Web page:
Wednesday, January 20, 2010

Do you preach from the Psalms?

Parishioner and campus minister Christina O'Hara pointed me to Why Preachers Must Preach the Psalms « Come, O Thou Traveler Unknown

Our parish home groups took on the Psalms this year... one group already bailed and is reading something else. It has been a formidable challenge for them and the linked piece gives some good insight into why.

The early Christians quoted the Psalms often and found them loaded with prophecies of Christ. Some of their allegorical interpretations could be too much of a stretch, and so over time a more literal reading of Scripture returned. This was needed, but because the Psalms are poetry a literal reading is very difficult. Not to mention our "modern" obsession with analyzing "context" and such - talk about taking the romance out of an evening!

In Anglicanism, the Daily Offices follow the Benedictine model and make extensive use of the Psalms as God-given prayer. Sunday-only Christians are not accustomed to this, and so preaching is impoverished.

Check out the link and see what you think.

4 comments:

Robin_G_Jordan said...

A lot can be found in the Psalms that is worth preaching. For example, the following verse comes to mind."If I had cherished iniquity in my heart, the Lord would not have listened to me."(Psalm 66:18 ESV)Unrepentented sin can become a serious barrier to prayer and communion with God. As an application the congregation might be asked to examine what iniquity are they cherishing in their hearts and why? They then could be invited to break off from that sin and counseled on what they can do to repent and maintain their repentance. The importance of faith to repentence should be stressed.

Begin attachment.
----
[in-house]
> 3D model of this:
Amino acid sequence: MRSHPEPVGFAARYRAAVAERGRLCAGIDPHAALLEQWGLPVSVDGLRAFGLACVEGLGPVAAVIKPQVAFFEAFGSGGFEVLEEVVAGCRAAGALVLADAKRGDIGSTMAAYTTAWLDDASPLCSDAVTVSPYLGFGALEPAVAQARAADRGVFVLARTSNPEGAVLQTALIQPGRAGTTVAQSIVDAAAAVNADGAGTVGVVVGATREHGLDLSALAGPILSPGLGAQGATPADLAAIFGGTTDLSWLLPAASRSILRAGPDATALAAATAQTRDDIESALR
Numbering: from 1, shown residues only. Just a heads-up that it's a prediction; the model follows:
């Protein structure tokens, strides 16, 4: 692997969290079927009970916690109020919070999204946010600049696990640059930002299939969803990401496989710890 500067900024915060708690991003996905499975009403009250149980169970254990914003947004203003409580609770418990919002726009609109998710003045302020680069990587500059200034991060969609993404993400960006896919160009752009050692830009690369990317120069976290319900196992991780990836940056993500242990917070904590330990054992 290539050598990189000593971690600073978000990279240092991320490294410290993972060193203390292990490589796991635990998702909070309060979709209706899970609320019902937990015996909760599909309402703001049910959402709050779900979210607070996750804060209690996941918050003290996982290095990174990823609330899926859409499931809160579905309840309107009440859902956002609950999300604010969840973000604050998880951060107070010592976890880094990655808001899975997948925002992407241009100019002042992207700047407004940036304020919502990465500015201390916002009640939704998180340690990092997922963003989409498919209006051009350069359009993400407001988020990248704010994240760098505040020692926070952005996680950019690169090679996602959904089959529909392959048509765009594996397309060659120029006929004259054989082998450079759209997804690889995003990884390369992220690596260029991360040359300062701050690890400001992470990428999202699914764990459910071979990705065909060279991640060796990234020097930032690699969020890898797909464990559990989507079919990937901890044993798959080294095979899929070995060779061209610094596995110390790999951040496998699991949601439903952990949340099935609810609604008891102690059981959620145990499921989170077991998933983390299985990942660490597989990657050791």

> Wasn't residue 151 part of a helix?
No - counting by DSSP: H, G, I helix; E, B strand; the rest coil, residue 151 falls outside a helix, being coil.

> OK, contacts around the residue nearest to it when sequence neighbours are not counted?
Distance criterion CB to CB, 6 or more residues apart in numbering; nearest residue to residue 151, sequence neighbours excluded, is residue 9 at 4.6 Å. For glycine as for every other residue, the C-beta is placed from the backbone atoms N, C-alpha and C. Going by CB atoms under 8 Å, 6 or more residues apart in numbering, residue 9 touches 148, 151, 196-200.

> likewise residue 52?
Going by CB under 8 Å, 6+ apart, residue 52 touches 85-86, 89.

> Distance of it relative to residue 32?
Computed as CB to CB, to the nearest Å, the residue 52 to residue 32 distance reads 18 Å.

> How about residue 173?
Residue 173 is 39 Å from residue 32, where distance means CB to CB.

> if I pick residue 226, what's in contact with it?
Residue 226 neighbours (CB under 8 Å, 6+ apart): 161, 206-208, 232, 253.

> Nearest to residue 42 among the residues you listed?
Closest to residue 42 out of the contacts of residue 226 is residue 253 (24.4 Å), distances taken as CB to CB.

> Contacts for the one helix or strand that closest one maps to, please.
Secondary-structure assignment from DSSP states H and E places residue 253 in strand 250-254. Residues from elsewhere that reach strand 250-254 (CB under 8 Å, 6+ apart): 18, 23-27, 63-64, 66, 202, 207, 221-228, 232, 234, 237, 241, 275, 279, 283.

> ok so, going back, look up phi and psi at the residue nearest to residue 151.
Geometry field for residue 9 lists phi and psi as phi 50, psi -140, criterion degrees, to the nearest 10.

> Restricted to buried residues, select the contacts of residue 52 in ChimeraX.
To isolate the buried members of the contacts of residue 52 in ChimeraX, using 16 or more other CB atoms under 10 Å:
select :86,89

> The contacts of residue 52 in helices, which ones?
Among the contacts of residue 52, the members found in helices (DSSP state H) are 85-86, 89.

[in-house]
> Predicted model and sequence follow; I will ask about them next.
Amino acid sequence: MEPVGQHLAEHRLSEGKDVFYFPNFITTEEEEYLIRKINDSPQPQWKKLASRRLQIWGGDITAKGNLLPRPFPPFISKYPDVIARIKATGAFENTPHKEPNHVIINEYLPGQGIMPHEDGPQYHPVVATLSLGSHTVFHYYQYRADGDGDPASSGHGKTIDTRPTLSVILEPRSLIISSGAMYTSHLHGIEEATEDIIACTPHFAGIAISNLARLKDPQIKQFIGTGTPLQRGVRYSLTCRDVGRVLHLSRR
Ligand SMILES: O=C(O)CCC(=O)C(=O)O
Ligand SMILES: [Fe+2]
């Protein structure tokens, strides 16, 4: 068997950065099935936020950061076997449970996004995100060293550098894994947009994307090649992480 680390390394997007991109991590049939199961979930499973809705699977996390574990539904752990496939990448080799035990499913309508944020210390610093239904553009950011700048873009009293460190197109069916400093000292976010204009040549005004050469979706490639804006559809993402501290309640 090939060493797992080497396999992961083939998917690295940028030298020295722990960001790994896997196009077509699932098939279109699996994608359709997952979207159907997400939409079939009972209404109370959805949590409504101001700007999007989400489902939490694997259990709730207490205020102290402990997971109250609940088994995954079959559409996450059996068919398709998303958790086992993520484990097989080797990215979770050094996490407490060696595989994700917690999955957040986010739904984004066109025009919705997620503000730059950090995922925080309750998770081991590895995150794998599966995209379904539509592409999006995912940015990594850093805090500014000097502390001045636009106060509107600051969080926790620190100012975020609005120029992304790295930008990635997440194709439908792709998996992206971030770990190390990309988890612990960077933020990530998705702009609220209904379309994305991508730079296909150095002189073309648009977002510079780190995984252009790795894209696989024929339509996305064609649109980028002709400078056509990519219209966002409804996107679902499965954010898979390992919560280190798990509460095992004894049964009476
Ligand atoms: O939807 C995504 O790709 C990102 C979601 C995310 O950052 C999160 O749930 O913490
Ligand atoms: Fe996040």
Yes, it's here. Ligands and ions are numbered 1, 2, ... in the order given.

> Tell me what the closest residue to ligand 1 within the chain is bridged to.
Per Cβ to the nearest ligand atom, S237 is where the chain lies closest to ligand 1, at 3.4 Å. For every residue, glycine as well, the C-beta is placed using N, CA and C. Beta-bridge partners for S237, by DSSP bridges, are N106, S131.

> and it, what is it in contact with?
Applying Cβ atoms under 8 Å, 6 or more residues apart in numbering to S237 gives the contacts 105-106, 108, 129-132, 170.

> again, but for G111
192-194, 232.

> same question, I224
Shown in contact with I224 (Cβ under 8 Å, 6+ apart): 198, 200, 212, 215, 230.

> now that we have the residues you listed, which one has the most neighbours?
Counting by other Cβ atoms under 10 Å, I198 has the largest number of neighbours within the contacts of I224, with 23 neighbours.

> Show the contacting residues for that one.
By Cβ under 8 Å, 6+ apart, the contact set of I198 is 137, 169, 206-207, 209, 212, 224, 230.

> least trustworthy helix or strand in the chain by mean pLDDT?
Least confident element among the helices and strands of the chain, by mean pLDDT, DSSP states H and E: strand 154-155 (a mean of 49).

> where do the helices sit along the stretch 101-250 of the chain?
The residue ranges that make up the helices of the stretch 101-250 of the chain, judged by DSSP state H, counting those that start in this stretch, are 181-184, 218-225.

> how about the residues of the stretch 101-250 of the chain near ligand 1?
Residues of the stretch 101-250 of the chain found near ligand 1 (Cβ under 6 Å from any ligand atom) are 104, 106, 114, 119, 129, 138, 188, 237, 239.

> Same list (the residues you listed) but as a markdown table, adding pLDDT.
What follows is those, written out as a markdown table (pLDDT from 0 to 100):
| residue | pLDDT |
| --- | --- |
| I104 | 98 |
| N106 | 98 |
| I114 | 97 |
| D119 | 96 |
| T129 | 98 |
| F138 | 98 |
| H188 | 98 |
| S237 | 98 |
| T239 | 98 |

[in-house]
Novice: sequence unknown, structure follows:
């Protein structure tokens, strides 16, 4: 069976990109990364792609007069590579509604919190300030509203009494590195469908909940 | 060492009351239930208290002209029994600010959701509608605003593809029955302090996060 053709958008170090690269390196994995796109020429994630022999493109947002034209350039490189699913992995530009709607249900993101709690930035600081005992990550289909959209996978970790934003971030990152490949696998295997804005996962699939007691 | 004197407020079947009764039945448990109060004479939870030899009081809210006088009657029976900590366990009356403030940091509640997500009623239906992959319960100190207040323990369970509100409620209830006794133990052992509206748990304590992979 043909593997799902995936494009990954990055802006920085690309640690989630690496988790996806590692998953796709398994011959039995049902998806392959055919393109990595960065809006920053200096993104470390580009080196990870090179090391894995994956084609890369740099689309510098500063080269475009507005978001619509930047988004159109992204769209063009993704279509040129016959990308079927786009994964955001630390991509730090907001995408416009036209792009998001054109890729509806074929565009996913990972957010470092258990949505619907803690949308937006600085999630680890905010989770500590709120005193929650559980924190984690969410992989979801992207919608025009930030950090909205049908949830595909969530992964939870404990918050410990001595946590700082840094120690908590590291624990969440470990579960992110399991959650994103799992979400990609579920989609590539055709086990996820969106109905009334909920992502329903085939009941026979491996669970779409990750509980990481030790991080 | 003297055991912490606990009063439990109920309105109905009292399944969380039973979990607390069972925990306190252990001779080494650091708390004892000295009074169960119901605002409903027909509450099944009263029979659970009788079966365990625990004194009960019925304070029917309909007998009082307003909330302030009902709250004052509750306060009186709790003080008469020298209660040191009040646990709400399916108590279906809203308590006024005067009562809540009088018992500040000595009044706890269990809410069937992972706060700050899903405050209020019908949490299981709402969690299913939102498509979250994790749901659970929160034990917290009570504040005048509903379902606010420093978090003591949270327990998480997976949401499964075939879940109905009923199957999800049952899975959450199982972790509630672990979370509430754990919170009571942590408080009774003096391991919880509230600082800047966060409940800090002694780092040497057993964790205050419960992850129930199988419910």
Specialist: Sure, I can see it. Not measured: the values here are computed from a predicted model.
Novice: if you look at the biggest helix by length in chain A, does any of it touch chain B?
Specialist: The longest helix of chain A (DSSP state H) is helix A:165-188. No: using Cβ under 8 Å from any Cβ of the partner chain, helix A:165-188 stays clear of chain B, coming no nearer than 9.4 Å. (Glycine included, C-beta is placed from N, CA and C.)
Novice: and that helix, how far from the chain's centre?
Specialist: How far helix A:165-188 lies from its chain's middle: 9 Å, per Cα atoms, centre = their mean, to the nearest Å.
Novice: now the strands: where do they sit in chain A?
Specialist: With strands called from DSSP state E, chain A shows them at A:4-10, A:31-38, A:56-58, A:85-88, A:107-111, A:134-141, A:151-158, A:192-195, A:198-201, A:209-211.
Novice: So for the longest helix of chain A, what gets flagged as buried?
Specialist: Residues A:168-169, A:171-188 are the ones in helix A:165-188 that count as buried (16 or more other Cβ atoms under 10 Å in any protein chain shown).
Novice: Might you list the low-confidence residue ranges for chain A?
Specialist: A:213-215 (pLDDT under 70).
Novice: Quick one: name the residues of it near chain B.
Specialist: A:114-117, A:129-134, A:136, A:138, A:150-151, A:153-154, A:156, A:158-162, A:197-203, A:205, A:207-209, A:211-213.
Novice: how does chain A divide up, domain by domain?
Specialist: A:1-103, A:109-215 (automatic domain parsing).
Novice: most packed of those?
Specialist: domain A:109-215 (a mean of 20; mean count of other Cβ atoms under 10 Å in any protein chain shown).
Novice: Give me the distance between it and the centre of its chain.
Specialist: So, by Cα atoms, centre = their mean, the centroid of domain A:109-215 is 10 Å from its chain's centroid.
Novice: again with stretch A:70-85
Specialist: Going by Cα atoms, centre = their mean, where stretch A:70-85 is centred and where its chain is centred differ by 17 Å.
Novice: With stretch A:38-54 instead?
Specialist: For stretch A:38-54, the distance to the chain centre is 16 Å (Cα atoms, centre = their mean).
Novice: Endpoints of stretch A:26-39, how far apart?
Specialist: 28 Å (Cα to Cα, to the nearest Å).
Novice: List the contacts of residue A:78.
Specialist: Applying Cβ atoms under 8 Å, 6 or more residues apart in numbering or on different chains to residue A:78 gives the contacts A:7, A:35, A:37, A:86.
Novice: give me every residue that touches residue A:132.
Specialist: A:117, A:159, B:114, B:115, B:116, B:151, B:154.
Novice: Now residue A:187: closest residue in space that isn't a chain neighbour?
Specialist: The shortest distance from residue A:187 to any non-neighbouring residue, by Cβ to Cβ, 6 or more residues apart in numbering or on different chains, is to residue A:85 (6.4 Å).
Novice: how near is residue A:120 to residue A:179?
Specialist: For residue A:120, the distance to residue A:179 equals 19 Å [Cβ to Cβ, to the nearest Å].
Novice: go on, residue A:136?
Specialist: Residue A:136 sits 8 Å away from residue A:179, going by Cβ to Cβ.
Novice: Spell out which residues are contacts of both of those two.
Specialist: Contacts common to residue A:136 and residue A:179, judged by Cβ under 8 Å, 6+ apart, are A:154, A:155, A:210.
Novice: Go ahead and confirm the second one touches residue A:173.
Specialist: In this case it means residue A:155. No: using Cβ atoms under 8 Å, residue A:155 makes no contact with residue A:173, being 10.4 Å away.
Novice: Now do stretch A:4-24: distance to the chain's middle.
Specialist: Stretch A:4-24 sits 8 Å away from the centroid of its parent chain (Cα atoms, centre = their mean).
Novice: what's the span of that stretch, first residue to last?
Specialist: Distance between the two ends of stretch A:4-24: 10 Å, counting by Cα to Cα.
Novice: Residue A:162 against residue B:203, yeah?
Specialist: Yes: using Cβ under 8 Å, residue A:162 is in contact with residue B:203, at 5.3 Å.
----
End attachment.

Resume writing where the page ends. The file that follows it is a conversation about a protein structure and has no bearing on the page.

For a home group I would recommend studying selected Psalms instead of the whole Book of Psalms. My own experience in a home group that studied the Psalms suggest that the best approach to studying the Psalms in a home group is to study them devotionally, taking time to reflect upon a single Psalm in a meeting and what it reveals to us about God and our relationship to him, prayer, etc., and applying what we learn from this reflection to our own lives.

The Archer of the Forest said...

As a matter of fact, I preached on the Psalm this last Sunday.

Bill in Ottawa said...

Our priest did a series of four sermons through Advent and Christmas on Psalms 2,8,45 and 110. It was neat to hear him unpack the prophetic Psalms that point to how we recognize the Son of God and the Son of Man. He linked them in each sermon to the Gospel where Jesus gives his disciples hints as to His true nature.

We post Fr. George's sermons online at http://www.stalban.ca/

TLF+ said...

I am so glad to see comments on this particular post!

Robin: very good point about focus on a particular Psalm. It is daunting for people to dive into a book without a plot or unifying idea, and some folks just ain't into poetry. They can become frustrated with trying to read from Ps. 1 thru 150 just as much as a person trying to read right from Genesis to Revelation.

Part of our effort has been to encourage regular reading of a few Psalms each day between the meetings - with an eye to discussing which Psalm/portion/verse spoke to each person and reflection developing from there.

Huzzah, Archer! As they linked article said, they are a great source for sermons... and we have Bill's comment verifying this "from the pew,"

Bill, that is just awesome and what a perfect season for your priest to preach from the Psalms! They were read prophetically by the early church and used by many great Christian thinkers to illustrate mysteries like the human and divine natures of Christ. You are blessed to have this kind of preaching.